On Friday, rabbis met in Brooklyn to consider a proposal that would require all Hasidim to be vaccinated in order to attend synagogues and yeshivas. After the meeting, anti-vaccine organisers sent a robocall to Hasidic homes, urging people to persuade their rabbis not to support the measure.

Dr Paul Offit, director of the Vaccine Education Center at the Children’s Hospital of Philadelphia and co-inventor of a rotavirus vaccine, said people often do not understand the severity of diseases eradicated by vaccines.

“Vaccines have been a victim of their own success,” Dr Offit said.

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“What upsets me is we haven’t learned from history,” he added. “What history teaches us is that measles is a killer, and vaccines can eliminate this killer, but now because of our ignorance, we have to see children suffer.”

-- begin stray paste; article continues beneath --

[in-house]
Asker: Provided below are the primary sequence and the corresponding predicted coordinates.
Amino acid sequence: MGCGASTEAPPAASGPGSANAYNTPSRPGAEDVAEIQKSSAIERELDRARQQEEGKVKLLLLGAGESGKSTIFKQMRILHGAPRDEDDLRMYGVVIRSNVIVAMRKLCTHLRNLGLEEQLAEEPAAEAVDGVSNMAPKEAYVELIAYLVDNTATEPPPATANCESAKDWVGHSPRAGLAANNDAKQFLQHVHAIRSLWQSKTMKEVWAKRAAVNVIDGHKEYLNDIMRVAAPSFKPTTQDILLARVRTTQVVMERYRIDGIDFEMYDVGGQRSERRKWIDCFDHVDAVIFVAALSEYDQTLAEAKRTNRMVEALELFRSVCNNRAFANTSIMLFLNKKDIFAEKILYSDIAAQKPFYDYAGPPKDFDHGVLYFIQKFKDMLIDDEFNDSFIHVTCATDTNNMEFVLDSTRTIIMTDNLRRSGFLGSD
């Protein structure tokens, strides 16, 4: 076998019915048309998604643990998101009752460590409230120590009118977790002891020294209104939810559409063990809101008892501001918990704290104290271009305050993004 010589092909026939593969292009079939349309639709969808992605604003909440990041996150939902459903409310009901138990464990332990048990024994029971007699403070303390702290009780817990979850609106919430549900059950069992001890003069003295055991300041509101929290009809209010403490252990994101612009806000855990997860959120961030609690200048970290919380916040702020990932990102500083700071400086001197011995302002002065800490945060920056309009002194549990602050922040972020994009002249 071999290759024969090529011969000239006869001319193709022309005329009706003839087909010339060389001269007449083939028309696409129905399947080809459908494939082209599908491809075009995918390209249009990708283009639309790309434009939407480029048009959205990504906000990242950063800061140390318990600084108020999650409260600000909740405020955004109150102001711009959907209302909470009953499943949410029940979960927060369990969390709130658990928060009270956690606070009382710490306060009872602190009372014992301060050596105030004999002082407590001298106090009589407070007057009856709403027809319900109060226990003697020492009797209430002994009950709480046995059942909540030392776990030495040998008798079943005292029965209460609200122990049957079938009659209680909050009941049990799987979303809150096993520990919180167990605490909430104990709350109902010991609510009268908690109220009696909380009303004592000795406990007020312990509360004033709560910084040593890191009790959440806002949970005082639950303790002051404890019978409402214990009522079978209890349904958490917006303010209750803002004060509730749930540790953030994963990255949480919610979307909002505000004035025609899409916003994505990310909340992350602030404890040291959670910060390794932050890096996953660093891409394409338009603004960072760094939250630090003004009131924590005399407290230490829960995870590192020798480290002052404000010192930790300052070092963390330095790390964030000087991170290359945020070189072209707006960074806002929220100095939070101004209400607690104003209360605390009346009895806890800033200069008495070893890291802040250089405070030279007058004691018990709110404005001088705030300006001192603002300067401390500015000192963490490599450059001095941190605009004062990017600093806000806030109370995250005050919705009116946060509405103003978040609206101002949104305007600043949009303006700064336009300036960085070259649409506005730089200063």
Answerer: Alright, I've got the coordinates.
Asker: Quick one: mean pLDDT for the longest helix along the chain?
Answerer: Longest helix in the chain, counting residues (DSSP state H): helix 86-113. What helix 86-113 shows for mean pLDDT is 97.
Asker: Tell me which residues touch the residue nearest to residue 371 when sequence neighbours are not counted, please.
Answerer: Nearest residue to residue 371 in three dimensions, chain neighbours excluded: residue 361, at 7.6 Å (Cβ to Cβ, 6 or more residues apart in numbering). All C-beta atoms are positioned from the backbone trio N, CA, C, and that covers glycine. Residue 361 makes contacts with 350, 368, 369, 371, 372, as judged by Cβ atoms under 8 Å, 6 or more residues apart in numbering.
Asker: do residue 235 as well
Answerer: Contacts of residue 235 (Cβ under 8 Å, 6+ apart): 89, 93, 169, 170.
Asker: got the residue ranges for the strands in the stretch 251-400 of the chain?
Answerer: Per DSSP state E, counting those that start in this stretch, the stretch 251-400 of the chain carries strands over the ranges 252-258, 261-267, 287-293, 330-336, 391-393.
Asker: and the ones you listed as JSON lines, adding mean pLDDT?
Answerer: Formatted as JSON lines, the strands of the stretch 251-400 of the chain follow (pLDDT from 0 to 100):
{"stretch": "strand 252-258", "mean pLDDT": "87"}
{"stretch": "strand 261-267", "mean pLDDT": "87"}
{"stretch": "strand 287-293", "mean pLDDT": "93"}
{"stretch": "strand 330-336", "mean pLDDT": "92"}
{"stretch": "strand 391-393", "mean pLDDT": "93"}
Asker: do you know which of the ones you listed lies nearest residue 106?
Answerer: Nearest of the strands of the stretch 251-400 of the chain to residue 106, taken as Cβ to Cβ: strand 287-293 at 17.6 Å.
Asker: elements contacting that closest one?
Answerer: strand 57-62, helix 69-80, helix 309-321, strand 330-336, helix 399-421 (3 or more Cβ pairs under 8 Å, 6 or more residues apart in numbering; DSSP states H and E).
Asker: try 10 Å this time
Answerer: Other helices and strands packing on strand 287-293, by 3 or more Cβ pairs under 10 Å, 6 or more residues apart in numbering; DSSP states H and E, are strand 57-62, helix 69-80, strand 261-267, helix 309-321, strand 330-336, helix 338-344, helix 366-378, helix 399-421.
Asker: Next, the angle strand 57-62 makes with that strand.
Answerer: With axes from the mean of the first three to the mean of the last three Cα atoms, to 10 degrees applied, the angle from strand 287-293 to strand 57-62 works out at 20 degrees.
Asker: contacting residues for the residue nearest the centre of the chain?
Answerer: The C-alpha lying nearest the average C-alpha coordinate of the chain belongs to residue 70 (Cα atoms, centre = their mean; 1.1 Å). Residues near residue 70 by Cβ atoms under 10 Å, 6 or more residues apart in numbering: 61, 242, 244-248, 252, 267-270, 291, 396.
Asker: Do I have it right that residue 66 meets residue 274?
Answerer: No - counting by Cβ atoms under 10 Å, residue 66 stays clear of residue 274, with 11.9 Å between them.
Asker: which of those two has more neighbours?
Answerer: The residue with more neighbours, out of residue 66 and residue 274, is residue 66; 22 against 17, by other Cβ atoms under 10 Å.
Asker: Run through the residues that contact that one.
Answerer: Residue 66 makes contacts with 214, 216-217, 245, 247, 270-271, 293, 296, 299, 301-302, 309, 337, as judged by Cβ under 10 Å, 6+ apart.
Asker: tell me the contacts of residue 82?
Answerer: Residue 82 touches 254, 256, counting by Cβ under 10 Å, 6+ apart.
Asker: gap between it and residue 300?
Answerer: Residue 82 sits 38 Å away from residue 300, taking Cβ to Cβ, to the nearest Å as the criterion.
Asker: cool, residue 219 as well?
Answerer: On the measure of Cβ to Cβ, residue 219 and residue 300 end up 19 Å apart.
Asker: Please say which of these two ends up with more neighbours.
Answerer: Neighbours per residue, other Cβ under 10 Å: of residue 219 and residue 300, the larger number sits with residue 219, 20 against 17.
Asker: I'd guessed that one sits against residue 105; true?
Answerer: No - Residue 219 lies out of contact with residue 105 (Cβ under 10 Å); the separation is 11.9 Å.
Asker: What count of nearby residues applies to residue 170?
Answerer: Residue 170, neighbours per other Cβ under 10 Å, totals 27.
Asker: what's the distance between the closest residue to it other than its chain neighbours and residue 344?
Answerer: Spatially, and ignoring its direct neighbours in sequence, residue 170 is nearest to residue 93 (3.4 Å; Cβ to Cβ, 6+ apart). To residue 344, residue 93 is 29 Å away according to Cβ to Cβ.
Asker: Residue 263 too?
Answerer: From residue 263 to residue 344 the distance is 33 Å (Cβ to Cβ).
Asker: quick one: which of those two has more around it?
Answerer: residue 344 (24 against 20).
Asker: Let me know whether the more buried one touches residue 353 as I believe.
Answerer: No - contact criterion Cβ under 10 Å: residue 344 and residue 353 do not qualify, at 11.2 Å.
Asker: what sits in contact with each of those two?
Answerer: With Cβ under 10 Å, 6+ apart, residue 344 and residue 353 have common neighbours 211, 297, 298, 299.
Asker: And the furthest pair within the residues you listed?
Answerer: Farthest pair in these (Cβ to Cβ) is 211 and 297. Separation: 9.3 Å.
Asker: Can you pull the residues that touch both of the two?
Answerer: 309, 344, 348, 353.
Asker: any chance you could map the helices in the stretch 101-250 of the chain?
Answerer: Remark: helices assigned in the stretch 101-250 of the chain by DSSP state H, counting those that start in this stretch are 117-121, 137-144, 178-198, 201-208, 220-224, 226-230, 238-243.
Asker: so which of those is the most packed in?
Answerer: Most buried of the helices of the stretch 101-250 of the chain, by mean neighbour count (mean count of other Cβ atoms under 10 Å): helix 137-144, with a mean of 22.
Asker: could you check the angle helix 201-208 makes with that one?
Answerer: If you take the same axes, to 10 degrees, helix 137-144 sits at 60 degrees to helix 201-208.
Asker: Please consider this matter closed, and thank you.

Still, opponents of vaccination ardently maintain that diseases like measles are not dangerous.

“The adverse events from getting measles, they’re very, very, very low,” Dr Lawrence Palevsky, a paediatrician in New York, said on the recent conference call. There have been no reported deaths in New York state in the recent outbreak. But measles killed 110,000 people globally in 2017, according to the World Health Organization.

In New York, people like Shoshana Bernstein, a Hasidic mother in Monsey, worry about the potentially deadly consequences of listening to anti-vaccine proponents like Dr Palevsky.

“A basic Jewish tenet that every Jewish child is raised on, is love your friend like yourself,” Ms Bernstein said. “This is woven into the very fabric of who we are, which is why the current situation is extremely frustrating because it is the complete opposite of our essence as Jewish people.”

The New York Times